Elaine Wickson, illustrated by Chris Judge
The second book in Queen Elaine’s Stan series sees Stan and his crew off for a school nature retreat at Whispering Woods where they will mentor a bunch of small-agers. To survive in the wild they’ll have to live on the hedge. The good news is that Freddie Danger – manly survivalist and snail wrangler - and Defective Flossie are along for the ride. The bad news is that so are Camford School’s arch-rivals, Larkfield Primary, who win at everything. Boo.
Once again, the grins start coming from the very first sentence with Fred’s explanation of the big bang: “In the beginning there was a load of nuffink, which suddenly exploded into dust and biscuits.” And we’re off into Stan’s world of graphs, mayhem and underwear-splitting laughs. The first full-on snorter arrives on page twelve with a diagram of Fred’s DNA that made me spray tea across the page, but there are plenty more to come.
This time we get to know the cast a little better. Stan’s friends, Jess, Liam and Idris, play bigger roles and are all huge fun, especially Liam whose desperation to be cool lands our crew in deep shenanigans. The new characters are fab too. Squaring up against Stan’s crew are The Dogs, led by the impossibly frosty and sneering Zac Cassidy. Think Draco Malfoy with great hair, shades and an extensive collection of trainers. With his taste for blackmail and super-dares, Zac is on a mission to trick our heroes into endless detentions for infinity and always seems one step ahead. Meanwhile, Fred has a new hero to emulate – Flint Danger, wilderness guy – and Flossie, no longer a pirate queen, is on the trail of the unicorn thief. As you can probably tell there’s a LOT going on, and I haven’t even mentioned Angus the snail or Jess’s real name. It’s all top-class, hilarious entertainment that any middle-grade reader – and their parents – will adore.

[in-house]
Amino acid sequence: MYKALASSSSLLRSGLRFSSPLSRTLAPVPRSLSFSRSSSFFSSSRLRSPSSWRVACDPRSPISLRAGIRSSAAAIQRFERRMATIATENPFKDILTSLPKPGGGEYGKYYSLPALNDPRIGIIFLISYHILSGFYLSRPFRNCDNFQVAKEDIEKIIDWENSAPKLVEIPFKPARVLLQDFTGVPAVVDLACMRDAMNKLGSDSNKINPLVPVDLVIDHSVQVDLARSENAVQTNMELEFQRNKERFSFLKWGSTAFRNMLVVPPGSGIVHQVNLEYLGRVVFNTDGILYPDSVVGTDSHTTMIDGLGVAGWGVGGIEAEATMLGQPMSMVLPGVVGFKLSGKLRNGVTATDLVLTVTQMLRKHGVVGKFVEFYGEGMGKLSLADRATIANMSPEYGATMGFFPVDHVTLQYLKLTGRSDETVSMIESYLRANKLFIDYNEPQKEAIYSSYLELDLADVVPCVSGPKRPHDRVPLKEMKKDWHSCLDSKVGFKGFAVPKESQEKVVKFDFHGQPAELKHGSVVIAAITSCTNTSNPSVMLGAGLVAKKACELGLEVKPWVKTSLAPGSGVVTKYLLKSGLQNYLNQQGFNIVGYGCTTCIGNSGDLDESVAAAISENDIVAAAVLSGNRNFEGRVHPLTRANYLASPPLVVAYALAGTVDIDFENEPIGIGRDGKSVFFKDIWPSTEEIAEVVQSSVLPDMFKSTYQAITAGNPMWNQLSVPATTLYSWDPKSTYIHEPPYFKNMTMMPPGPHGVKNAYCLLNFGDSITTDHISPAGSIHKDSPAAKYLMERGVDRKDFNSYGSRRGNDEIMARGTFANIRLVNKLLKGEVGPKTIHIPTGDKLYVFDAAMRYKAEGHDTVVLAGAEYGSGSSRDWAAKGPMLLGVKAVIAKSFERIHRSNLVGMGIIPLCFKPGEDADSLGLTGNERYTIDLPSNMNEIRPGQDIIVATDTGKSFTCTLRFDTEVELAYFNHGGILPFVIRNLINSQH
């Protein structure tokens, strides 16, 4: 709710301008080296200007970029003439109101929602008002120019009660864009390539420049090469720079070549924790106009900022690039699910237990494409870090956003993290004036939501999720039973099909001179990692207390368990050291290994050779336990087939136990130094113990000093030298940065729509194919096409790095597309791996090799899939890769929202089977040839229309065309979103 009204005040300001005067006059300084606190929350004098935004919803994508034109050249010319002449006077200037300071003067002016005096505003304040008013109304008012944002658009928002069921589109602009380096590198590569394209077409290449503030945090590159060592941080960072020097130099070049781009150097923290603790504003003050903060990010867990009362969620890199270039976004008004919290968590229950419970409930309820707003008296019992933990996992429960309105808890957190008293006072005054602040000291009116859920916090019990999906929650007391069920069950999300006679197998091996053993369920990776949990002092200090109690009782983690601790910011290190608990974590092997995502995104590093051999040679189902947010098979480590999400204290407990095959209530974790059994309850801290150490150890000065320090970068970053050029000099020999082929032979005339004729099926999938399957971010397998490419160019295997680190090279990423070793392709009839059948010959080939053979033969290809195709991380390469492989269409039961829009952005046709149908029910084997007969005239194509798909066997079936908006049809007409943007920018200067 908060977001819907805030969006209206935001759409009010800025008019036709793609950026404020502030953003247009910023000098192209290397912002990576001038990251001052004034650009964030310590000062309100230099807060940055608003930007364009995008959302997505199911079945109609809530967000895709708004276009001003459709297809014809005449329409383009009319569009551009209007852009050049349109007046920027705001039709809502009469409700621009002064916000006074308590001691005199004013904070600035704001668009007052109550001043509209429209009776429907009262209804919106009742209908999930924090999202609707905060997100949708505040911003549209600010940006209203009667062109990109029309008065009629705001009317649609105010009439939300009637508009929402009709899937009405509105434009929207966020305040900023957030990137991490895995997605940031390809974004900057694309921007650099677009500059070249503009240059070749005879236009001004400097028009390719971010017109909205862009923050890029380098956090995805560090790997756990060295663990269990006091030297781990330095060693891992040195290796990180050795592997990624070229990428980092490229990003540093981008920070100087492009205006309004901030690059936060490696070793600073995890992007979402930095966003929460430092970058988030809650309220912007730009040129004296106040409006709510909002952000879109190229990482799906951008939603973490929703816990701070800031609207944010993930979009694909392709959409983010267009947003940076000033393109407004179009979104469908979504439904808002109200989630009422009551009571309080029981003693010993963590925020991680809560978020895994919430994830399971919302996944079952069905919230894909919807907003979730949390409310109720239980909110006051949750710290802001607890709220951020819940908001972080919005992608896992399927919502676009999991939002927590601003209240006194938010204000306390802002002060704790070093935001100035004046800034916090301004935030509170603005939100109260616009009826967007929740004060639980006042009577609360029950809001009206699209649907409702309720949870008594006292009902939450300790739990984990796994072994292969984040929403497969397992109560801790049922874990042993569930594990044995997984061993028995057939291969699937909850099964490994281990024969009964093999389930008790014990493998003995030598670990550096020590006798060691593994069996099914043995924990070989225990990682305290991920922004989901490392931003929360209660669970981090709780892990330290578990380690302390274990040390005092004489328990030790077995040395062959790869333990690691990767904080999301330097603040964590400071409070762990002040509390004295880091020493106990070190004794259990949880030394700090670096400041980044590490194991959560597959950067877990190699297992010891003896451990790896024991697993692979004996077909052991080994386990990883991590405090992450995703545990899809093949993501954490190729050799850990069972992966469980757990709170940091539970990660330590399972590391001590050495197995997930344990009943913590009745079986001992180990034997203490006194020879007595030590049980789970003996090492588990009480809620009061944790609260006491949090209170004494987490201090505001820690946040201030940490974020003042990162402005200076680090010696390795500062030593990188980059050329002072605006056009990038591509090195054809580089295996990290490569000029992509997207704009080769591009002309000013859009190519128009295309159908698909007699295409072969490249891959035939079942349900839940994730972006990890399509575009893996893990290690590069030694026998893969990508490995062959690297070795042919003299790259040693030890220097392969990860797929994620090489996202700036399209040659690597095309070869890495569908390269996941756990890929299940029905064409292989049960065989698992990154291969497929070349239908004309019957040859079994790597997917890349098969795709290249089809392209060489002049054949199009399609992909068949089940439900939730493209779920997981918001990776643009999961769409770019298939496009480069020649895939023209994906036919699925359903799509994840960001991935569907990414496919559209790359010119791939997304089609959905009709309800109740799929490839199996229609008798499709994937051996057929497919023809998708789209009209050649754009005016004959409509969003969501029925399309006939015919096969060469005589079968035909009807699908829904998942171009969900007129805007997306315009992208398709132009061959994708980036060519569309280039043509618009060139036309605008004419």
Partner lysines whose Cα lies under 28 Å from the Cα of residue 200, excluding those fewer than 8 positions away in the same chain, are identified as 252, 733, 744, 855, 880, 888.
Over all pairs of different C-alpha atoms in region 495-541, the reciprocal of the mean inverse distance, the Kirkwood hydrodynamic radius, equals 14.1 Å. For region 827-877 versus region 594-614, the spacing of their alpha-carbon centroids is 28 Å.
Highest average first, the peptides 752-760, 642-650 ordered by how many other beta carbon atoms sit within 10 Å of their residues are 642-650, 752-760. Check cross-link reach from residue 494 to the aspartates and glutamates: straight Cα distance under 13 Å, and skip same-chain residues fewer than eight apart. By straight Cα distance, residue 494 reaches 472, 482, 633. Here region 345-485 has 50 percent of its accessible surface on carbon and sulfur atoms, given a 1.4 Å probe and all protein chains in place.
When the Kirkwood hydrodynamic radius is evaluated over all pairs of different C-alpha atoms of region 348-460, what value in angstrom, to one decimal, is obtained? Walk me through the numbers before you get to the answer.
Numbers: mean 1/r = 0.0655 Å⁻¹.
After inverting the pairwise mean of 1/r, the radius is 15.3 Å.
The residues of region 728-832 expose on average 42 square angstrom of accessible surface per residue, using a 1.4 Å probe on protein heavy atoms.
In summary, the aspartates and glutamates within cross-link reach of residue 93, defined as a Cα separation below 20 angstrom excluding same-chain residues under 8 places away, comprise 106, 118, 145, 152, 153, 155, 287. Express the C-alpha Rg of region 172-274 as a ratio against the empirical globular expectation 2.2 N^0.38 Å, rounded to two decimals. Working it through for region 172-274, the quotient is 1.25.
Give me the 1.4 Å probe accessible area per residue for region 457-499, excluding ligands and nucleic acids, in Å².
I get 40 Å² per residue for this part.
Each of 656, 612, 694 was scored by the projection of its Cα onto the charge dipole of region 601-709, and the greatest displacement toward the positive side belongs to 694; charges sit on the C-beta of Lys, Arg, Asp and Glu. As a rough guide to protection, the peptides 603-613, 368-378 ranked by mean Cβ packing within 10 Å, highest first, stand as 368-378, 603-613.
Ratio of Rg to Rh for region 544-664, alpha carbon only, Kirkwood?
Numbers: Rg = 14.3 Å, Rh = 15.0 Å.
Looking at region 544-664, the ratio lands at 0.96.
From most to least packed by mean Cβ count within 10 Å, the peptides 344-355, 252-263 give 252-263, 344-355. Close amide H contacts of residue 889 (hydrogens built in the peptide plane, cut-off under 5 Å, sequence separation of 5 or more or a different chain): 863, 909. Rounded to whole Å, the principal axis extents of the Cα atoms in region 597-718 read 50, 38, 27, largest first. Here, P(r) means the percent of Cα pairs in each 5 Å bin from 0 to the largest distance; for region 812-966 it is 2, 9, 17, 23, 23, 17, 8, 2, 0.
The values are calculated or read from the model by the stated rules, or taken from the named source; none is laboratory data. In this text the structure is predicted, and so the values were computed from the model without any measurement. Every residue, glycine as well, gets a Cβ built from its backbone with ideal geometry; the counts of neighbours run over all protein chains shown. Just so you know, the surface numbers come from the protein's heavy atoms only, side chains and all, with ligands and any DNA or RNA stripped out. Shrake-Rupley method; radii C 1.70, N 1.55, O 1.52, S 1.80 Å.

Again, there’s so much to enjoy and snort at here it’s difficult to know where to start. As per, Queen Elaine dishes up whip-smart dialogue, beautifully realised characters and lashings of laughs with side helpings of charm. Her characters are funny and silly, but never cruel. Larkfield teachers Rufus and Petra, for example, are hilarious luvvie, quinoa-munching, hipsters. You know the type. They’re played for laffs, yes, but Wickson adds touches that make you love them rather than simply lampooning a stereotype. Rufus’s snail knowledge, in particular, is genuinely fascinating.
It’s a testament to Queen Elaine’s writing skills to say I never thought I’d turn the pages of a children’s book hoping another factoid about snails might show up.
Even Zac has his moment of sort-of redemption, and with the lovely touches of blossoming friendships and the love between the older and younger kids, Action Stan has a heart that is warm but not gooey. Like one of Gran’s salted caramel brownies it’s baked to perfection.
With all that plus classic one liners (“I’ve got … baguette deficiency”), a recurring wee gag, truckloads of action, more space facts than you could shake a stick at as well as Wickson’s trademark graphs, cake-charts and side-bars – from the pen of the excellent Chris Judge - Action Stan is another proper treasure.
If Second Book Syndrome is really a thing then it's a syndrome Queen Elaine doesn't suffer. Frankly, I loved Planet Stan and this topped it. If the trajectory continues then Super Stan is going to be an absolute blinder. Hold my bookmark, I’m going in!
Publisher: Oxford University Press
Full disclosure: Once again thanks to OUP for their support and for providing review copies. They are my publisher, too, but that doesn't colour my opinion. They just publish really funny books, alright?